Many employers use background checks as a regular part of their hiring processes. But “many” does not mean “all.” In fact, recent research conducted by the Society for Human Resource Management indicates smaller businesses tend to skip this important hiring step. Among companies with fewer than 100 employees, fewer than half conduct criminal background checks on job candidates vs. 83% for employers with at least 2,500 employees. If yours is a smaller organization, you may understandably feel pressured to hire good candidates quickly. After all, you don’t have the hiring resources of a larger organization and might really need the help. But, in today’s complex and often litigious working world, background checks remain highly advisable. Here are three good reasons to conduct them: 1. To protect yourself legally. Among the various legal risks you face is being accused of “negligent hiring.” This is a legal concept used in lawsuits against...[ Read More ]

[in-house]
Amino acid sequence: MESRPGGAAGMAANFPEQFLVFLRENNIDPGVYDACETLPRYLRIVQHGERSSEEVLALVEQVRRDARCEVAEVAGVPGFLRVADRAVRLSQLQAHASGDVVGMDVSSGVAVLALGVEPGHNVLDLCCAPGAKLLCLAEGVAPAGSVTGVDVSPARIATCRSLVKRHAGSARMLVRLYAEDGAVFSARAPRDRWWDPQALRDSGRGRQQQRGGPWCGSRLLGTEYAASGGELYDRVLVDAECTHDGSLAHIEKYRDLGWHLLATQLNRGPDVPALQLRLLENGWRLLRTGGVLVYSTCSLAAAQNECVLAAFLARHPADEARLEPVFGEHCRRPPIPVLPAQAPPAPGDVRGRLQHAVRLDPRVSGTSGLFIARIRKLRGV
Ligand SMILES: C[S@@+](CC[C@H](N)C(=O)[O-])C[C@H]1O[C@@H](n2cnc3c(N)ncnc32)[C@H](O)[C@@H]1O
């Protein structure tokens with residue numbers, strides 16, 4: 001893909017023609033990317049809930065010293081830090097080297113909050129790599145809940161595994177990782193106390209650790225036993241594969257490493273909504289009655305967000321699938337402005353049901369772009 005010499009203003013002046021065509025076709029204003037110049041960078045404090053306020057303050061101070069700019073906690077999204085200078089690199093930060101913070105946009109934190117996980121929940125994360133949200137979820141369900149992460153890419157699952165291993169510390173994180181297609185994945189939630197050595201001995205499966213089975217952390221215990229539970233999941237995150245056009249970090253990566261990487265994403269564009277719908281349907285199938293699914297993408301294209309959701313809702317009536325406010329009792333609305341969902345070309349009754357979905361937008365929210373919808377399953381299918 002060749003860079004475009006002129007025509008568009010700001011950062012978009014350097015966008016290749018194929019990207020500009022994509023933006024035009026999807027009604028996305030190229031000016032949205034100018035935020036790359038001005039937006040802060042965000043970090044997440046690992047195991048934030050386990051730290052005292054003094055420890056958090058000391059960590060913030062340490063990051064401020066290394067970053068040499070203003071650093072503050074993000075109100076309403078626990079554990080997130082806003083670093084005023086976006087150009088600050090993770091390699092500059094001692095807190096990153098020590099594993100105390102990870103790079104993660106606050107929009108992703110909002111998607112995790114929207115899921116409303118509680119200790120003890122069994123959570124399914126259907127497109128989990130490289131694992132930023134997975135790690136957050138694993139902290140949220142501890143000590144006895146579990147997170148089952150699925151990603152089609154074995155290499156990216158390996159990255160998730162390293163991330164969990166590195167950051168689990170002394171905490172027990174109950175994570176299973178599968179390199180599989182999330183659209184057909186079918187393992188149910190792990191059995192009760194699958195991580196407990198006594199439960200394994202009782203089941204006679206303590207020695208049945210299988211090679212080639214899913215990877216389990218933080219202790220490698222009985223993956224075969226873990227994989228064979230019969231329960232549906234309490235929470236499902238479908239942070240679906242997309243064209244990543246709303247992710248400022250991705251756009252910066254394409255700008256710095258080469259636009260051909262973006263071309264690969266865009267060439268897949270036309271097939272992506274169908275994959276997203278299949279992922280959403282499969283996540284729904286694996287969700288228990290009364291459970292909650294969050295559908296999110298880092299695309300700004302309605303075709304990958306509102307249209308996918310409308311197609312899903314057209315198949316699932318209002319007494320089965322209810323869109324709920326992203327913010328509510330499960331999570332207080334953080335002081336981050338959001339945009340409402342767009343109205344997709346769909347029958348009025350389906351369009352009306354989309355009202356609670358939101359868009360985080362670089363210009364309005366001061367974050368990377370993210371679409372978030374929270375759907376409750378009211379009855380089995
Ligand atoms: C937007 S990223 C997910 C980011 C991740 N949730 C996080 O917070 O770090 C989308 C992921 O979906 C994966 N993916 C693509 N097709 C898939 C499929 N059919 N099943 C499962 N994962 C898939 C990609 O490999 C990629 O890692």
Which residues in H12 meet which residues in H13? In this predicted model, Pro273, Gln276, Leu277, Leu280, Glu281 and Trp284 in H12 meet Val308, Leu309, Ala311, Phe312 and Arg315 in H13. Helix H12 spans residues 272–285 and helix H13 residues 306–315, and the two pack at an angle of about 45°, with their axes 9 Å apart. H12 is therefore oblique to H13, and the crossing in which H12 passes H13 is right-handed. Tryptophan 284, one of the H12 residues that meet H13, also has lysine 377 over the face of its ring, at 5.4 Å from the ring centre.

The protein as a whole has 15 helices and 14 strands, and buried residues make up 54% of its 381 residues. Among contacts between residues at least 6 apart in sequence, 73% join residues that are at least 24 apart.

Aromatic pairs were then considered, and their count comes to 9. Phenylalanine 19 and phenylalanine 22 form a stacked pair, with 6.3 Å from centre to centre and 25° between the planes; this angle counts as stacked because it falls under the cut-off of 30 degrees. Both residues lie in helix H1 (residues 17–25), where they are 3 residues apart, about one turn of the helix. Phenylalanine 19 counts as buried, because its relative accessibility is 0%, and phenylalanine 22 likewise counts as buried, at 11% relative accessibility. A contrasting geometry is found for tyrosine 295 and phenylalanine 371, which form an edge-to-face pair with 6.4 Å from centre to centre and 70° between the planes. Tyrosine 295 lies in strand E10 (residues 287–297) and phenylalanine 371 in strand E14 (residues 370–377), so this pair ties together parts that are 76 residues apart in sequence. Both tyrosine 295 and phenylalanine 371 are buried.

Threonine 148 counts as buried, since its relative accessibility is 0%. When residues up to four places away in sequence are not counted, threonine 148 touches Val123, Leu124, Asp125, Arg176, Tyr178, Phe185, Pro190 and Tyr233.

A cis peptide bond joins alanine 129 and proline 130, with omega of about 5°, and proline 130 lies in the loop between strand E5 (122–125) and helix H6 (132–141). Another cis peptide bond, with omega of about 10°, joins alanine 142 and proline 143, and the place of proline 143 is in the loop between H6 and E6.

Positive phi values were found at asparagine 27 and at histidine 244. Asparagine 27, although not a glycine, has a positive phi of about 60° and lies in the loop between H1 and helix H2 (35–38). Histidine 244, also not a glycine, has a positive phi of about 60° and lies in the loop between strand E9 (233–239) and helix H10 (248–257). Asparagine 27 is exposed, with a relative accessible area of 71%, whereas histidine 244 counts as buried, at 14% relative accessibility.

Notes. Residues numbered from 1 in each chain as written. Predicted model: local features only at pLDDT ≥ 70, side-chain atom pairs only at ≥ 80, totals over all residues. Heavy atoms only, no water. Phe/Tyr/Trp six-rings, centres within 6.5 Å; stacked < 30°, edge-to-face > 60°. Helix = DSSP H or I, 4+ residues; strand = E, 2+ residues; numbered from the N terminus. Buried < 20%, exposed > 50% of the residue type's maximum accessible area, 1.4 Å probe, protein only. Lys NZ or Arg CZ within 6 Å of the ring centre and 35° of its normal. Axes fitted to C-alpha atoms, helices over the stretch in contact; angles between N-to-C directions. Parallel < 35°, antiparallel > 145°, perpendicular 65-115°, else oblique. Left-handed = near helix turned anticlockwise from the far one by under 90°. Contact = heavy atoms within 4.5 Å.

Normally when appreciated business assets such as real estate are sold, tax is owed on the appreciation. But there’s a way to defer this tax: a Section 1031 “like kind” exchange. However, the Tax Cuts and Jobs Act (TCJA) reduces the types of property eligible for this favorable tax treatment. What is a like-kind exchange? Section 1031 of the Internal Revenue Code allows you to defer gains on real or personal property used in a business or held for investment if, instead of selling it, you exchange it solely for property of a “like kind.” Thus, the tax benefit of an exchange is that you defer tax and, thereby, have use of the tax savings until you sell the replacement property. This technique is especially flexible for real estate, because virtually any type of real estate will be considered to be of a like kind, as long as it’s business...[ Read More ]